“Our job as leaders is to give employees a purpose beyond just doing a job,” said Keith Darcy, executive director of the Ethics and Compliance Officer Association (ECOA) and recent speaker at the annual ILLINOIS Leighton Lecture on Ethics and Leadership, held on April 2, 2012. The talk was entitled, “Managing Organizational Integrity in an Age of Texts, Tweets and WikiLeaks.”
At first, Darcy’s point seems oddly to minimize the role of business leaders, but by the end of the talk his purpose becomes clear-to elevate leadership to a role whereby employees truly grasp and actively pursue the betterment of themselves, their employer and society.
To make his point, Darcy first spoke about extraordinary historic precedents and the rise of a sensitivity to culture and ethics.
Chronicling a “parade” of major foreign and domestic scandals of the past decade, Darcy took audience members on a walk through the historical context for the many decisions being made by regulators and legislators that ultimately impact company managers and the cultural environments that are shaping a generation.
Understandably, this veteran of the banking industry turned to economic insights. He spoke of the economic bubbles where enthusiasm and profits rise, peak, and ultimately burst in a recurring process he believes exposes “rot.”
Rot like the managers of Enron, the 7th largest U.S. company in 2001 who caused the second largest bankruptcy in U.S. history. Rot like the leadership at WorldCom who caused a subsequent bankruptcy in 2002 with a cost that eclipsed all other bankruptcies by a factor of three.
Darcy also spoke about the Tyco executive who used company money for his own personal gain, executives of Adelphia, the sixth largest cable operator, who took money from that company, and the dissolution of the Arthur Andersen accounting firm that cost 88,000 people their jobs.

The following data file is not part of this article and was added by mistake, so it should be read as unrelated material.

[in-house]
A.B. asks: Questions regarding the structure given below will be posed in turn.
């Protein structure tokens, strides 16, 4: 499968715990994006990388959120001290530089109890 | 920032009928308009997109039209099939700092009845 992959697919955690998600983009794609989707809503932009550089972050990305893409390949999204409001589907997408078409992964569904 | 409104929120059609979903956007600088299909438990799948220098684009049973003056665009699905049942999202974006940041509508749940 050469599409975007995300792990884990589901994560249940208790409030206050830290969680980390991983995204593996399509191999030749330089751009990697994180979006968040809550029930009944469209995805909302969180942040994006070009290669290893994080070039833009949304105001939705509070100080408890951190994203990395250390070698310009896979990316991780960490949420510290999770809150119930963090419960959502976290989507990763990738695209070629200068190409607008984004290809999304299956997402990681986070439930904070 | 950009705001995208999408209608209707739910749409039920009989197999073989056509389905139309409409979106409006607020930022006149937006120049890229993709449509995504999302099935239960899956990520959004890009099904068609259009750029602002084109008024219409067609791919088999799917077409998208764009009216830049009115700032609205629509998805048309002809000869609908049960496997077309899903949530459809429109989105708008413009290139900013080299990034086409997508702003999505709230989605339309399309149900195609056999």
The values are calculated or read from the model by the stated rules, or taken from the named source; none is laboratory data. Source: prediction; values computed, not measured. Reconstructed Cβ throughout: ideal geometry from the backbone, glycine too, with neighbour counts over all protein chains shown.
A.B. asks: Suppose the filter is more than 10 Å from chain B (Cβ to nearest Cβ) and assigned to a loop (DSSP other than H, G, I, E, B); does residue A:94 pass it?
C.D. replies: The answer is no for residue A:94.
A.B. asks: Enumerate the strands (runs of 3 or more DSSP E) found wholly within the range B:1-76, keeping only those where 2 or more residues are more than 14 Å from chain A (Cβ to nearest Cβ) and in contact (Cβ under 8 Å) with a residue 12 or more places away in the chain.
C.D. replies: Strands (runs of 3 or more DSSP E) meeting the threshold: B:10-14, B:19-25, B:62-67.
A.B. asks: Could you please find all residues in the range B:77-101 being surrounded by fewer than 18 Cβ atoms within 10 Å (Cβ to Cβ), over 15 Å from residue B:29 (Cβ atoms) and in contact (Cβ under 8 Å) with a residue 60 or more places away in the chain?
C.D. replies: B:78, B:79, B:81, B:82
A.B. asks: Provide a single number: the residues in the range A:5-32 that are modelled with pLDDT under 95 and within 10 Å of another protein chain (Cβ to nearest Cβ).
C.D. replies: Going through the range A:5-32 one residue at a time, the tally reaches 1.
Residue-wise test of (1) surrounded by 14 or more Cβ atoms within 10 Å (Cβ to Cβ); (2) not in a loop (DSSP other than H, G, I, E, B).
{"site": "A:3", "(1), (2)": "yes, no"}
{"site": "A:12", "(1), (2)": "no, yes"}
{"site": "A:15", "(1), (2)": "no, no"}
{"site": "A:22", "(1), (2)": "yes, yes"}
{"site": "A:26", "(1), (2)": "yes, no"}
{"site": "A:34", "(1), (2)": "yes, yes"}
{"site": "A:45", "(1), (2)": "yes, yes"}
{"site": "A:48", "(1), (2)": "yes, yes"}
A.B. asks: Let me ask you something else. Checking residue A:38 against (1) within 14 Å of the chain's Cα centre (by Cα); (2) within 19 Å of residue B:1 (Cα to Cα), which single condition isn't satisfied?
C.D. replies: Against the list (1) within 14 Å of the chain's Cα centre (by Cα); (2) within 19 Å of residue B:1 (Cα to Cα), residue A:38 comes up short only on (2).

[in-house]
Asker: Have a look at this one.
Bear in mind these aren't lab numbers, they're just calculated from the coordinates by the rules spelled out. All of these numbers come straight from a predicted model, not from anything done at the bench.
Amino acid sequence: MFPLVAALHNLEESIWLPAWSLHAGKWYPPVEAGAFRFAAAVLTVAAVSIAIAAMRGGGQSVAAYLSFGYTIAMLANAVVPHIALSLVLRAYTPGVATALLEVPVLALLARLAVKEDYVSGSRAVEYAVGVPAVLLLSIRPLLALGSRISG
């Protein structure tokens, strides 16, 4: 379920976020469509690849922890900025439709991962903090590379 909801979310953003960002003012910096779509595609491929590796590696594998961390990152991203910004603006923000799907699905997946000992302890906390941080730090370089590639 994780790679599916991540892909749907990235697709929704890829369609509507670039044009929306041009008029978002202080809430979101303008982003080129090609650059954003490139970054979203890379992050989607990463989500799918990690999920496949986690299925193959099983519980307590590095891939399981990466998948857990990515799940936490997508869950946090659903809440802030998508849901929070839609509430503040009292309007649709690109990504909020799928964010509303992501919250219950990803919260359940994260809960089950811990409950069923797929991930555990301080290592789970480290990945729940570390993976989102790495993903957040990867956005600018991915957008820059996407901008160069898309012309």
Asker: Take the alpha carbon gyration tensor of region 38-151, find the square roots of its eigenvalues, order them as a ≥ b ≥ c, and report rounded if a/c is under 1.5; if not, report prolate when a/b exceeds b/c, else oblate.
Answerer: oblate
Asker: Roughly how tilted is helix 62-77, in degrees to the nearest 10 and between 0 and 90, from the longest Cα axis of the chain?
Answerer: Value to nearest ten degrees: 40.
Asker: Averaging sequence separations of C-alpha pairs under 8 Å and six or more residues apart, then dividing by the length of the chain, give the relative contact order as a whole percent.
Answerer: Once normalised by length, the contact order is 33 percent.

In an impressive illustration of the gravity of regulatory settlements that came out of the related prosecution Darcy enumerated $1.7 billion paid by the Hospital Corporation of America, $1.64 billion paid by AIG, and billions more by several other organizations.
When Darcy spoke of the second economic bubble, “The Great Recession,” precipitated by the 9/11 attack, he made a case for what many believe was the near death of capitalism and the world economy. Quite literally, bad behavior by a relative few in leadership positions drove the world to the brink of economic collapse.
As truths about fraudulent bank loans, Ponzi schemes, and a laundry list of other billion dollar crimes meet with a growing effort to resolve and prevent future such crimes, Darcy points to culture as “the single biggest determinant of behavior in organizations and societies.”
Darcy noted culture as a significant contributor in every scandal and curiously as a frequently addressed component of settlement and reform efforts.
As Darcy moved past the historic scandals, the title of his talk, Managing Organizational Integrity in an Age of Texts, Tweets, and WikiLeaks, came into focus. He painted a bright future where culture around the world is changing to address a renewed interest in transparency and making public all sorts of illegal behavior. As business people and others seek to facilitate the disclosure of bad behavior, they are turning to internet and social media technology.
“The Twitter Revolution launched the Arab Spring